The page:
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The importance of papers in scientific and medical research

Conferences, workshops, congresses, webinars, posters… communication in the world of science takes many forms. However, even more than oral information, scientific papers published in international journals further to a critical re-reading by independent specialists remain the cornerstone of the broadcasting of scientific knowledge.

Scientific publications can take the form of reviews of a particular subject, which may in some cases be requested by the publisher of a scientific journal from a specialist, or spontaneously addressed to such a journal. The purpose of reviews is to summarise a new or ‘hot’ topic concerning which information is scattered in many publications. As they enable the current state of knowledge to be summarised, their impact can be strong. They are often based on an inventory of several hundred referenced papers that have been collected by the authors, and the results of which are viewed from a general perspective.


Meta-analyses are articles that group and add up the results of several clinical studies that are comparable but have been performed on limited groups of patients. By adding up the results of these studies, it is possible to extract information that is more reliable; however, it must be demonstrated that such an addition can be performed and that there are no confounding factors or recruitment biases. Such meta-analyses are particularly useful when comparing the efficacy of several drugs. Sophisticated statistical methods enable the summation of the results of each individual study to be validated – or not.

Scientific paper

Traditionally, a scientific paper is a presentation of the results of experimentation which may be biochemical or performed on cell cultures or lab animals, most often mice. The samples analysed may therefore be animal or human.

The commonest approach is to test a working hypothesis using the most appropriate form of experimentation, by multiplying approach routes, by stimulating or inhibiting certain proteins, triggering cell differentiation in cultures, applying several technologies to detect the changes induced by various experimental conditions. Results must be reproducible from one experiment to the next, quantifiable, objective and hence independent of the observer, and compared with appropriate control groups. Other experiments are not based on prior hypotheses, but take the form of analysing all genetic factors (genomes), all proteins (proteomes), all microbes in an organ (microbiomes), all transcriptions of mRNA into proteins (transcriptomes), all lipids (lipidomes), etc. Differences are sought between what is observed in a specific disease with no reference to a prior hypothesis, and a mechanistic explanation is then sought for the differences observed.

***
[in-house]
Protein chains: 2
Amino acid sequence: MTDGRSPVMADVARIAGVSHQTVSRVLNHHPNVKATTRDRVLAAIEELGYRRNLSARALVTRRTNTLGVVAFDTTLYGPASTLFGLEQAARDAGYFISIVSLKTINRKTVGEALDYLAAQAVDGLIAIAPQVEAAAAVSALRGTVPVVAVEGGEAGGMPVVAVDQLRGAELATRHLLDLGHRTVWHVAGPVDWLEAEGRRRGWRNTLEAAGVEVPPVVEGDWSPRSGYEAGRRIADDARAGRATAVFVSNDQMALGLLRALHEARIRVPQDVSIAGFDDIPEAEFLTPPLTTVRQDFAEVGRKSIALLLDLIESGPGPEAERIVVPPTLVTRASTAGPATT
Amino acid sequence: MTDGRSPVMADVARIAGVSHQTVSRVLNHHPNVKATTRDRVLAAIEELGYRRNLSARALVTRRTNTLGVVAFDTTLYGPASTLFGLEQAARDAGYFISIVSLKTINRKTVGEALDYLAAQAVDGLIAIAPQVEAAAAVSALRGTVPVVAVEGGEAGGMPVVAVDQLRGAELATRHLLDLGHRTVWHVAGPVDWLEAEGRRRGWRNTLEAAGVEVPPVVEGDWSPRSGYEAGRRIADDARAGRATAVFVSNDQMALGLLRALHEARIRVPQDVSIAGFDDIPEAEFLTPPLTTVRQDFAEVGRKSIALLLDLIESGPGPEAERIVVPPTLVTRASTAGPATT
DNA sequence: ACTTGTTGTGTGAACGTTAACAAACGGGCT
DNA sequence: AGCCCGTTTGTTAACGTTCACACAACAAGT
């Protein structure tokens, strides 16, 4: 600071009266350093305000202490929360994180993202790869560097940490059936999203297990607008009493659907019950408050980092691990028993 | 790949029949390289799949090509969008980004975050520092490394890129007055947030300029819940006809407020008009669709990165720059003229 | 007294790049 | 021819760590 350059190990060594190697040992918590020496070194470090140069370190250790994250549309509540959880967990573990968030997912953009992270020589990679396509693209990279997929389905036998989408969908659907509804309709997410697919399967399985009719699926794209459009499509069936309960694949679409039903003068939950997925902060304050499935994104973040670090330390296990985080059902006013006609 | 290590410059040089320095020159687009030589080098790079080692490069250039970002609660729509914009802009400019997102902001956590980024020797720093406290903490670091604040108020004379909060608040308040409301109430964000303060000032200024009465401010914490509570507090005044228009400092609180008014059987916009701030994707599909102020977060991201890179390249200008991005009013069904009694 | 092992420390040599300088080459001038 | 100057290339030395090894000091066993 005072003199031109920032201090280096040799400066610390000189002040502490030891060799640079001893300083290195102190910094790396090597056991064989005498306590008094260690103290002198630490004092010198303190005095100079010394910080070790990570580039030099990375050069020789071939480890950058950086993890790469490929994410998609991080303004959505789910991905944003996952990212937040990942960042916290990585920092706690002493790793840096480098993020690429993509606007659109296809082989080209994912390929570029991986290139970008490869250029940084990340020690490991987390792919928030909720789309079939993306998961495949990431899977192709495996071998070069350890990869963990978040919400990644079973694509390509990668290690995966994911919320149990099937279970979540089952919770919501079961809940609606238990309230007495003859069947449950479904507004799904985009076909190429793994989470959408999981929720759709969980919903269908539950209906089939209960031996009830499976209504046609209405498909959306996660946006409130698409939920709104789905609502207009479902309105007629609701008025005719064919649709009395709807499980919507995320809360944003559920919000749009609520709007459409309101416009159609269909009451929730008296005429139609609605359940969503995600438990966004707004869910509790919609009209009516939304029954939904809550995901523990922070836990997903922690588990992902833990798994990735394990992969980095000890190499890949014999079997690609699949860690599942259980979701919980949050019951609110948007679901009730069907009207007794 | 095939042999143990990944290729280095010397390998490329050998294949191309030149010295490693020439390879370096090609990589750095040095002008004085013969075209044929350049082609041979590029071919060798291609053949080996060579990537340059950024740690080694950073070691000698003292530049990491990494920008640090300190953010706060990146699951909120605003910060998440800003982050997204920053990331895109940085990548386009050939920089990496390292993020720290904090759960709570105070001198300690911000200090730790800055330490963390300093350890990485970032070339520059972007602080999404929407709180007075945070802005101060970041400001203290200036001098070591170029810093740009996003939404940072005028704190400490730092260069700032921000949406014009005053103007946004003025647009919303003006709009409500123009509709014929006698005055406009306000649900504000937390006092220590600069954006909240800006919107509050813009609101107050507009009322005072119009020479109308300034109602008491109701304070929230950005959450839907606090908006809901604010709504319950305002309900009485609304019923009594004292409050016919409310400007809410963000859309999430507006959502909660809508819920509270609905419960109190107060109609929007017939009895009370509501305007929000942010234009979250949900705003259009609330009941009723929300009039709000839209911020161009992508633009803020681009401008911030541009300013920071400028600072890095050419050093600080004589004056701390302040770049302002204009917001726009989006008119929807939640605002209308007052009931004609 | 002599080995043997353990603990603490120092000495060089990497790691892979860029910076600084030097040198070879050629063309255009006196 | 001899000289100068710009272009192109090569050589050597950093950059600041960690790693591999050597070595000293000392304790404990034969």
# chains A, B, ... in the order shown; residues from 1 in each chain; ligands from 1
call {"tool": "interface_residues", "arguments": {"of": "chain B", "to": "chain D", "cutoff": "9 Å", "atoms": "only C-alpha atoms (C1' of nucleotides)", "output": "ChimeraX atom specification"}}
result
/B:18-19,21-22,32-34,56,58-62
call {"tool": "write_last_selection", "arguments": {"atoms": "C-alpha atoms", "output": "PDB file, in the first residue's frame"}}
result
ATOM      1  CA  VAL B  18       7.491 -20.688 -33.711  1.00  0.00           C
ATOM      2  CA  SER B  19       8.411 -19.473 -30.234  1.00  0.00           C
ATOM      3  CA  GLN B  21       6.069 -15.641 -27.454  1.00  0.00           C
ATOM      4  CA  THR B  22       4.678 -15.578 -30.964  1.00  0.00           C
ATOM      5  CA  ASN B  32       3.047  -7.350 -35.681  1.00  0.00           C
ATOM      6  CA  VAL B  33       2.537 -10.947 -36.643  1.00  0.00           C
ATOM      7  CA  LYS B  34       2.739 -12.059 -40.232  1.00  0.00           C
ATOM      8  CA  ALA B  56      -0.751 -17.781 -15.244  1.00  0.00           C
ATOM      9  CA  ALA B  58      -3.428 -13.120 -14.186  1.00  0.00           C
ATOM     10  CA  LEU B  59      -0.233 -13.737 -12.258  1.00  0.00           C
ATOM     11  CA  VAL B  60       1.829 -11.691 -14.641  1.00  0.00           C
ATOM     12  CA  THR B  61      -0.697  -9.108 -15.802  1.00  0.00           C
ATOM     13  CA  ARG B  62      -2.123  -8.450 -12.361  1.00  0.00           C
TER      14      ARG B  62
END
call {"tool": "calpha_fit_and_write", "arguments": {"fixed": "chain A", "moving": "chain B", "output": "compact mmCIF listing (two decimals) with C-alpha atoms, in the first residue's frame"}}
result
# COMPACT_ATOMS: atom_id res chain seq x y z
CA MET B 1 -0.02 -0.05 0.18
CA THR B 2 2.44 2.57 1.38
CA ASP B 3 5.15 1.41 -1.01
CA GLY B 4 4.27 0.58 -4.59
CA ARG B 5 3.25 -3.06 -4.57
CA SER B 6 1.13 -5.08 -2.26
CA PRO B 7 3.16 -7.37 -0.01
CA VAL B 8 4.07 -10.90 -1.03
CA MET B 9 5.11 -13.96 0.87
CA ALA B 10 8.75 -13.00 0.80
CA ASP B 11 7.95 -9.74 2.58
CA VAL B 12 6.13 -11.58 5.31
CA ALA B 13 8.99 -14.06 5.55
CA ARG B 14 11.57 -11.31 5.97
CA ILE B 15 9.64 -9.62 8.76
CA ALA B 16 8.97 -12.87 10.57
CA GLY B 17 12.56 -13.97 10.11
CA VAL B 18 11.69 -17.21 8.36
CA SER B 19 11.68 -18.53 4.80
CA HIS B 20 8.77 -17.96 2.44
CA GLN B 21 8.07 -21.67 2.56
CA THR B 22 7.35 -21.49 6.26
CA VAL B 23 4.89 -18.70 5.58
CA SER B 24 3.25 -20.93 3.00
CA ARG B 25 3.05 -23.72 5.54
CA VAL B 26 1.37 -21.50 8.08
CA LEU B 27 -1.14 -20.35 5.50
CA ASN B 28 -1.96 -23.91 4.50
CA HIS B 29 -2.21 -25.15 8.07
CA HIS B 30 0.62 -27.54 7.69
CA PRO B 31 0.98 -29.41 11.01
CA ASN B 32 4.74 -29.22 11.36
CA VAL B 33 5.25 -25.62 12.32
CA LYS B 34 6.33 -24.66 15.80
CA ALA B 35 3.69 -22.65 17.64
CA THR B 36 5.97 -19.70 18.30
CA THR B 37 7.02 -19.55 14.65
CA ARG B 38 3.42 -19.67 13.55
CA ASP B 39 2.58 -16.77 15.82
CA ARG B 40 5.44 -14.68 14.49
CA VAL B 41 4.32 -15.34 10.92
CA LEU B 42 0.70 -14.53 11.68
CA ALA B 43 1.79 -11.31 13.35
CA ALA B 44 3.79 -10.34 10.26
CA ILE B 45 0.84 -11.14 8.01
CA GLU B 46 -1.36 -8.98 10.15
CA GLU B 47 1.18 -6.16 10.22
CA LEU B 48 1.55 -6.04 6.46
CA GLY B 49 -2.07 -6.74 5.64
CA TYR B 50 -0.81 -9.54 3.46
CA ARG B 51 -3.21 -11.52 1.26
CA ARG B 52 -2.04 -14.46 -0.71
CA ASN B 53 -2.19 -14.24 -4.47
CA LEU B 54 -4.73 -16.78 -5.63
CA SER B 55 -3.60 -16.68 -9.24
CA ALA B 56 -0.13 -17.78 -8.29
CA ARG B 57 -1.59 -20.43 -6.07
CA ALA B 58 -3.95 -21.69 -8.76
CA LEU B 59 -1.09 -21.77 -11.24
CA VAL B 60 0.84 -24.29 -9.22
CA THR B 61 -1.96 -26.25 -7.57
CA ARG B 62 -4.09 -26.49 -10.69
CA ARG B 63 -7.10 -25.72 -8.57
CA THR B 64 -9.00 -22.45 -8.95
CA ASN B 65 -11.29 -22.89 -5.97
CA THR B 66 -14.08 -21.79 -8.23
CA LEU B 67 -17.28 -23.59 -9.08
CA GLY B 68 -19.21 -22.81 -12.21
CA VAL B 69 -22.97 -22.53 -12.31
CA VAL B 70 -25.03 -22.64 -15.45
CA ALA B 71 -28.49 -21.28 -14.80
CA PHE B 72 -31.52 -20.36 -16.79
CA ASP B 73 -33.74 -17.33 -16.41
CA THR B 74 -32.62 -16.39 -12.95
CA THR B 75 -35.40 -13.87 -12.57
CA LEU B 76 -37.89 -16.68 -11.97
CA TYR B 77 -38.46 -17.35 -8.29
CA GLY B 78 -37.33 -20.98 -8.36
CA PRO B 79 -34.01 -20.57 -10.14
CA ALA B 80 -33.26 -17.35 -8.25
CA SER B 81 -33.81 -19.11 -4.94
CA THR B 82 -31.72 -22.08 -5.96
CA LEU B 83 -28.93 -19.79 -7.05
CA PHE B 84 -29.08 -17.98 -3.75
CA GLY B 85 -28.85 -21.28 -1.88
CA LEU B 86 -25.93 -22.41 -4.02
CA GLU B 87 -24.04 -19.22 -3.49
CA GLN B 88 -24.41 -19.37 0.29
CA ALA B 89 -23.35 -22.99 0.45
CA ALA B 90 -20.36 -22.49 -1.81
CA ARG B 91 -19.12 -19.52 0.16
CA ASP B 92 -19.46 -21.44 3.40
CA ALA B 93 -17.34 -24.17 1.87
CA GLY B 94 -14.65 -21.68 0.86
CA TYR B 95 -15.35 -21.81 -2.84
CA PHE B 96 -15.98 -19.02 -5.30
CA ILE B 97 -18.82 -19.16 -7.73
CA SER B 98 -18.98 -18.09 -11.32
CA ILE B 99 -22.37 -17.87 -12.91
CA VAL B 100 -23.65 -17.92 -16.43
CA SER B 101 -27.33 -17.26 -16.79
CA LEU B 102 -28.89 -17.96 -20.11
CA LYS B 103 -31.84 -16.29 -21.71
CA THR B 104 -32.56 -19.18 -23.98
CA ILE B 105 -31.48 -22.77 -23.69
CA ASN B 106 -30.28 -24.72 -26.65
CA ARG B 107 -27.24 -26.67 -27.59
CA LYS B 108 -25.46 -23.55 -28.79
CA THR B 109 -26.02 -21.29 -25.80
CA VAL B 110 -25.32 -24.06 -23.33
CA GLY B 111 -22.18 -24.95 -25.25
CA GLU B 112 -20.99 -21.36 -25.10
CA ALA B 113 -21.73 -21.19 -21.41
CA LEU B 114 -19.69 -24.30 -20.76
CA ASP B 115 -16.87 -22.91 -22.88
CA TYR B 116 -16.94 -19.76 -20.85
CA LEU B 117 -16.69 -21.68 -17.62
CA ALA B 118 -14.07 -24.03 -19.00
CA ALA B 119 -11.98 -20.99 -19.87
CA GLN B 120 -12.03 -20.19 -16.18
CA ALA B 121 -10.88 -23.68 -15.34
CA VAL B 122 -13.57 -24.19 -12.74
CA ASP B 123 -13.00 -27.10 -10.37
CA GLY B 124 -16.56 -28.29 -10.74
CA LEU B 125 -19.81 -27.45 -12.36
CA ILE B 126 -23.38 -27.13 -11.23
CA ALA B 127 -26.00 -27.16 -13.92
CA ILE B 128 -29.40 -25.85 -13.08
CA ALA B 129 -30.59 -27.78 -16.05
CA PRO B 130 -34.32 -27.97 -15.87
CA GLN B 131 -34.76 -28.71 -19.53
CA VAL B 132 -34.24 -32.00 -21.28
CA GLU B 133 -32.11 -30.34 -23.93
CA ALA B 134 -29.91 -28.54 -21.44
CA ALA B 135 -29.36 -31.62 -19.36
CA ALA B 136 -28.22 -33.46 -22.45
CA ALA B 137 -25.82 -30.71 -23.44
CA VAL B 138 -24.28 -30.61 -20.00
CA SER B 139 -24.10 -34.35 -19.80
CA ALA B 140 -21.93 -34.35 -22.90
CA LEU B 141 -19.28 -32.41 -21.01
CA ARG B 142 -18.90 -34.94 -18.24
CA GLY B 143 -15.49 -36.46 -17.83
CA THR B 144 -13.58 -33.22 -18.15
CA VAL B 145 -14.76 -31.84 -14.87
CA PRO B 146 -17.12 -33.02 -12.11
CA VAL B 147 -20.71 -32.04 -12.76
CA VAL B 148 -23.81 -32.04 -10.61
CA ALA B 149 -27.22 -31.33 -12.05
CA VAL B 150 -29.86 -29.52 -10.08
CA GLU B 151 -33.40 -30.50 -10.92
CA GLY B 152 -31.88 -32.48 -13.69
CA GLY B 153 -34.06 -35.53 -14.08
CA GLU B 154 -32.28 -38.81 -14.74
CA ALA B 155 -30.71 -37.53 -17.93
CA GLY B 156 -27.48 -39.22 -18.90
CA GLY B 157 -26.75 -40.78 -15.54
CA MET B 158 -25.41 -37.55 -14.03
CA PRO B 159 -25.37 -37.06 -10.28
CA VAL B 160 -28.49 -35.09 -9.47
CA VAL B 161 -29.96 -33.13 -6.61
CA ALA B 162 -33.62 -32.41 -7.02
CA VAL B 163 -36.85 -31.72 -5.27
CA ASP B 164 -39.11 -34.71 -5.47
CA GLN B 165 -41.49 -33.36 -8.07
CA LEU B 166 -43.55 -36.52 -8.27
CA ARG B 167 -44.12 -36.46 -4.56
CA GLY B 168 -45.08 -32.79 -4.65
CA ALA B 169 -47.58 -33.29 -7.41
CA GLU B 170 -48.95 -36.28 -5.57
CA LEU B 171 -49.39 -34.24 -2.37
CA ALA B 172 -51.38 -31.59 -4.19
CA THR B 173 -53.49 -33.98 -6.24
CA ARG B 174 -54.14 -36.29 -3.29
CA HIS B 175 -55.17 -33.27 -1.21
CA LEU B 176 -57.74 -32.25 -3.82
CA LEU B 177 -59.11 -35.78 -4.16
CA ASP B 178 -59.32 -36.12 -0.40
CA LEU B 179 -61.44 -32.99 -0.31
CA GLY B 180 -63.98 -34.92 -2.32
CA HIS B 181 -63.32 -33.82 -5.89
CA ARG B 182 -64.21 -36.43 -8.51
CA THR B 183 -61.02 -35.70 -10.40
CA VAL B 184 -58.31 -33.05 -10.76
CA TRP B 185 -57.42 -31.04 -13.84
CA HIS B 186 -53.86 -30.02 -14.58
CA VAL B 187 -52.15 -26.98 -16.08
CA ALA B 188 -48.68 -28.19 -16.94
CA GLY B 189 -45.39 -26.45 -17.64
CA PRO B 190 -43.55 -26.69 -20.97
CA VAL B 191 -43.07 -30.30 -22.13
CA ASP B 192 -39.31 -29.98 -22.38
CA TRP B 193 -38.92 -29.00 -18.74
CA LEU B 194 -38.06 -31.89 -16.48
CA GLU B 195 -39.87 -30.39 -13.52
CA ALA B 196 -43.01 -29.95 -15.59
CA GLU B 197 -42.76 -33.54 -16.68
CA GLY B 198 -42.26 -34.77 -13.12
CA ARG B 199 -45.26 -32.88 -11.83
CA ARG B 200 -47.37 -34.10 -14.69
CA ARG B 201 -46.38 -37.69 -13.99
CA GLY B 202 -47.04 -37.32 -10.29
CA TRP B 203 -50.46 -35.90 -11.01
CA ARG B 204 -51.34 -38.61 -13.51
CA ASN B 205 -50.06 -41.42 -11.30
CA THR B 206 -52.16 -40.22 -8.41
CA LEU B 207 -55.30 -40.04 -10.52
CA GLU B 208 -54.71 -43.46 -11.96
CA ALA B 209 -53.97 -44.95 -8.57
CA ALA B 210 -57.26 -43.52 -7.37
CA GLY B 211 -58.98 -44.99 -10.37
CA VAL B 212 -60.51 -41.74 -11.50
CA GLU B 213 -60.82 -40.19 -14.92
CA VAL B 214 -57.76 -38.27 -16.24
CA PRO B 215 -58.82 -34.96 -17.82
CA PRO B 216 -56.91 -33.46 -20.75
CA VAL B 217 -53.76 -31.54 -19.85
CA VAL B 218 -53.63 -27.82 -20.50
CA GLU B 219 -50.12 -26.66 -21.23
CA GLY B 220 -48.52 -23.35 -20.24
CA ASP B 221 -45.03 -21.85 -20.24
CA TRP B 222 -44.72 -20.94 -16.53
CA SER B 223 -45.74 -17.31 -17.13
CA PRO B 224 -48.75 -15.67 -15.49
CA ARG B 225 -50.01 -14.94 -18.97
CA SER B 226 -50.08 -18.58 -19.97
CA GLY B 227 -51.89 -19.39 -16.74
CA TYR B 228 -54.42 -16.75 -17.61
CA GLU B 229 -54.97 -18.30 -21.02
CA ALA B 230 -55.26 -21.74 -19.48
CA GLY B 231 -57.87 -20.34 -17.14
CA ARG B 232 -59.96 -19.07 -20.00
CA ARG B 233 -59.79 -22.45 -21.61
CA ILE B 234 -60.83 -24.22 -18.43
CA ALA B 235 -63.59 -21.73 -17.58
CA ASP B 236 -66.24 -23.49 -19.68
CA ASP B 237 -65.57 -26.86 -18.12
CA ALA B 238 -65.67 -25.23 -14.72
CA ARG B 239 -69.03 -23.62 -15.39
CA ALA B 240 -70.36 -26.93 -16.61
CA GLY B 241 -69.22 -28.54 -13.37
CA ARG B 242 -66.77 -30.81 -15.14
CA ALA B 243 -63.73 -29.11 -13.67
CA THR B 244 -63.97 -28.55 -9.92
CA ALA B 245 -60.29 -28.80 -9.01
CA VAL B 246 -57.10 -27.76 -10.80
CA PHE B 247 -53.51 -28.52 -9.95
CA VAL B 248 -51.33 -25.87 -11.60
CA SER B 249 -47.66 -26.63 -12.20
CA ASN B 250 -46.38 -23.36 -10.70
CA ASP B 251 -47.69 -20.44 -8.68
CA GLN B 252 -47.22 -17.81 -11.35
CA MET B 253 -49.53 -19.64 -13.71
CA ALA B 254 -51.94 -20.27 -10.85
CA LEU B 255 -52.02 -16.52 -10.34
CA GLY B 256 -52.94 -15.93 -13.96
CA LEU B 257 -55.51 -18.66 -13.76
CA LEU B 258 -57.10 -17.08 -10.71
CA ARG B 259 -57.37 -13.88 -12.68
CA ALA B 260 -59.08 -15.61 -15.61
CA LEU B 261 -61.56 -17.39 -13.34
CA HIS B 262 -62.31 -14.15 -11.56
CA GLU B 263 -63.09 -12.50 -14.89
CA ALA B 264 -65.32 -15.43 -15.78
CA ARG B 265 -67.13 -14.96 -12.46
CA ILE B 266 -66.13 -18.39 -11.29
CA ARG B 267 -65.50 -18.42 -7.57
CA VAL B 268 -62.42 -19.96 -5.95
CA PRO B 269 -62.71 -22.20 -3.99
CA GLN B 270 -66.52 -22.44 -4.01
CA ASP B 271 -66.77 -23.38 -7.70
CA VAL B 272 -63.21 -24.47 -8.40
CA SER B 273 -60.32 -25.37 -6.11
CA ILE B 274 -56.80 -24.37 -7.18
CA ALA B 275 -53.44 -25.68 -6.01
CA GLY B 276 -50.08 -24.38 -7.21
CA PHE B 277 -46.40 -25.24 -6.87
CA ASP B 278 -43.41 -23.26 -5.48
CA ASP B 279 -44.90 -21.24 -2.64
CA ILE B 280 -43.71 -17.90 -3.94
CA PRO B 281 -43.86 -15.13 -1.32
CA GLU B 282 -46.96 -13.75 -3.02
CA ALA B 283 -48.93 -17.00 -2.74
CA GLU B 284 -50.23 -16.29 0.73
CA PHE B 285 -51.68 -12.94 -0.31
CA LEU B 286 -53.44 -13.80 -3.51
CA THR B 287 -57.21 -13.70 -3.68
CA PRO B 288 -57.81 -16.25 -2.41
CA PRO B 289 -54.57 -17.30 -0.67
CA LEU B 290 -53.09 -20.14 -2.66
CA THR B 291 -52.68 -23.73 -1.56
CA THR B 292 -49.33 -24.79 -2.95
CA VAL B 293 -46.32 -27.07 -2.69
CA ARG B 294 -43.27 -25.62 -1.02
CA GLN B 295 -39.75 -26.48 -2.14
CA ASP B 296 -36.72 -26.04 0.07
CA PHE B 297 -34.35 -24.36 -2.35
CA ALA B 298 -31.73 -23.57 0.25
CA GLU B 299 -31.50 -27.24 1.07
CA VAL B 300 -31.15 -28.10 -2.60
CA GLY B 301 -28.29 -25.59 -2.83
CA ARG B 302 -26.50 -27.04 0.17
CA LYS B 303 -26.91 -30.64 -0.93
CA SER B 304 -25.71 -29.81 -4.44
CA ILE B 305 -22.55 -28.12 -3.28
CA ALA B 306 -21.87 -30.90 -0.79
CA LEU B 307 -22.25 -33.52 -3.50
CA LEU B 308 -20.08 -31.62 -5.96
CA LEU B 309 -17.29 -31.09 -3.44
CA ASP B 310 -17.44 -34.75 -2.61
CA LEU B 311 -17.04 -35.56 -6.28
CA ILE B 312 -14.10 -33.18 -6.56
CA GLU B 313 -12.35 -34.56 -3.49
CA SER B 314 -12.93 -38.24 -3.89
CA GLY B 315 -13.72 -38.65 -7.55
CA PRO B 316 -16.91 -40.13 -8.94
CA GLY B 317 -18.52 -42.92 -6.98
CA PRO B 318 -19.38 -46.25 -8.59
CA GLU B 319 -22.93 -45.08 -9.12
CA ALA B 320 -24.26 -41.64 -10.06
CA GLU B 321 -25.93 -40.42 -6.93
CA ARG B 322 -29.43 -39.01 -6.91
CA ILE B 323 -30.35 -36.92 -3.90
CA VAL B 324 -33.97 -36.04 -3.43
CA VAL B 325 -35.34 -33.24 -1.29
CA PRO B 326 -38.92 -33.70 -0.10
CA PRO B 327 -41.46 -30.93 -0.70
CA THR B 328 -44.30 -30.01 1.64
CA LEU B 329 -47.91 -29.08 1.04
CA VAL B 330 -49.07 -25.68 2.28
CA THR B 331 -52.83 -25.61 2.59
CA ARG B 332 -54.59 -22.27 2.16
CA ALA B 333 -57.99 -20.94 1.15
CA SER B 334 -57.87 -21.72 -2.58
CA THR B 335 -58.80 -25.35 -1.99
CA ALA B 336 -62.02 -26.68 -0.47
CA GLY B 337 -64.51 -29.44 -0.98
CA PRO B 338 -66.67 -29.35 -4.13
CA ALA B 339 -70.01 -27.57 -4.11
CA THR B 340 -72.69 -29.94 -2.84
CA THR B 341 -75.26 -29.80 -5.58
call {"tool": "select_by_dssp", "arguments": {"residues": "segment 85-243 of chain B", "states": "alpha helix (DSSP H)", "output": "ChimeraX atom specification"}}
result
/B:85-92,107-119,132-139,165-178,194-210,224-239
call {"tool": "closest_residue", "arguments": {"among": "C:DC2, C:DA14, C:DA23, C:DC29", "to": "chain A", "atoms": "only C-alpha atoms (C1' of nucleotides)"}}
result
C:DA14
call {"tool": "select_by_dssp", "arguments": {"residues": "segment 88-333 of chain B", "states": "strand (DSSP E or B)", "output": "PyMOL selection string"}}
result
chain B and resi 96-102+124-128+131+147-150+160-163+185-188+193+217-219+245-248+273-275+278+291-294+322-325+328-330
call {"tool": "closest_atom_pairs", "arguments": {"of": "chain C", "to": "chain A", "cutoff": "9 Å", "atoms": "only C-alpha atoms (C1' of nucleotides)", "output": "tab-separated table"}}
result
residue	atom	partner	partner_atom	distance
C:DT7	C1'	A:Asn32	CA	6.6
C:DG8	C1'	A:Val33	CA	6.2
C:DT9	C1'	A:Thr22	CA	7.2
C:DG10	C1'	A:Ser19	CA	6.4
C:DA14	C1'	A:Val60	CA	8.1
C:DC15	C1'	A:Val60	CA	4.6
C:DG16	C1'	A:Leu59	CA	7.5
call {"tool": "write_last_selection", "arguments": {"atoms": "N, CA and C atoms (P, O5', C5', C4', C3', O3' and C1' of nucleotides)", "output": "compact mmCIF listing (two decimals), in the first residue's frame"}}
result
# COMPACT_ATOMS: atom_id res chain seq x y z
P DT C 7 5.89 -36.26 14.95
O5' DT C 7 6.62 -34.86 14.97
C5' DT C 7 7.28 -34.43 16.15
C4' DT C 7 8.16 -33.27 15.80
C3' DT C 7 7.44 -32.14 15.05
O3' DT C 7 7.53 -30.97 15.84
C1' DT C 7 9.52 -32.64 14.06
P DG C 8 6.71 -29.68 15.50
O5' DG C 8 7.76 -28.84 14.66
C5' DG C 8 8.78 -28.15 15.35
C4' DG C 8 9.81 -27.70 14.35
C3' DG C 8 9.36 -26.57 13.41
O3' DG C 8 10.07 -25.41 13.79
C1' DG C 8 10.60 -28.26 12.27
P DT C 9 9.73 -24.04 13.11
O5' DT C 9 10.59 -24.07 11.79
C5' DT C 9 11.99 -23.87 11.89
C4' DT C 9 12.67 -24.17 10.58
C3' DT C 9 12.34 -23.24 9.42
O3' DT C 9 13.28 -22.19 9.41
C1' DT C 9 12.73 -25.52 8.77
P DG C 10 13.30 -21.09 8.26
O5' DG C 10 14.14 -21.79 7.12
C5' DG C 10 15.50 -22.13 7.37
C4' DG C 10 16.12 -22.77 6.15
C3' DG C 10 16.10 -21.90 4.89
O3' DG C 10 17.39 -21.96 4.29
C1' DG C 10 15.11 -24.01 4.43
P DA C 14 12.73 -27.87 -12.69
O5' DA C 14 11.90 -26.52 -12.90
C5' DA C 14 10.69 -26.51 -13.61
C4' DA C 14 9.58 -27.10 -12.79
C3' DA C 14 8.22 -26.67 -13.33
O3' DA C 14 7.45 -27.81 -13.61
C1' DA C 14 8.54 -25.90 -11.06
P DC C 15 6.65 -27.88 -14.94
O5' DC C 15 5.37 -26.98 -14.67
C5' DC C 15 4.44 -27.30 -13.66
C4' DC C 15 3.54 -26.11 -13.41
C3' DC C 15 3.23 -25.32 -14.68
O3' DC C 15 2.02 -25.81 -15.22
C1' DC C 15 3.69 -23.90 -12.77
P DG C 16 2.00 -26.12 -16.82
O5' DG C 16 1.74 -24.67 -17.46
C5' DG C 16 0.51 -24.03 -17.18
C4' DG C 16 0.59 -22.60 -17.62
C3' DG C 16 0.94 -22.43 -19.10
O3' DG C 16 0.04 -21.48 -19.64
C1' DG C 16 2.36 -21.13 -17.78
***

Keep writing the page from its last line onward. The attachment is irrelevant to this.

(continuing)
Whatever the case, scientific papers must be written in a fairly standardised format, with an introduction that describes the current state of knowledge and the question(s) asked, a precise description of the equipment and methods used that enable the experiments to be reproduced as well as of the statistical analyses used, a ‘Results’ section with concise descriptions and illustrated with figures or photographs, and a discussion of the new data yielded by the experiment. A scientific paper always ends by referencing a number of papers and other publications published earlier on the same subject or a related topic. These are preceded by a summary, each word of which is carefully weighed. The authors must mention the financial support received for their experiment and any potential conflicts of interest.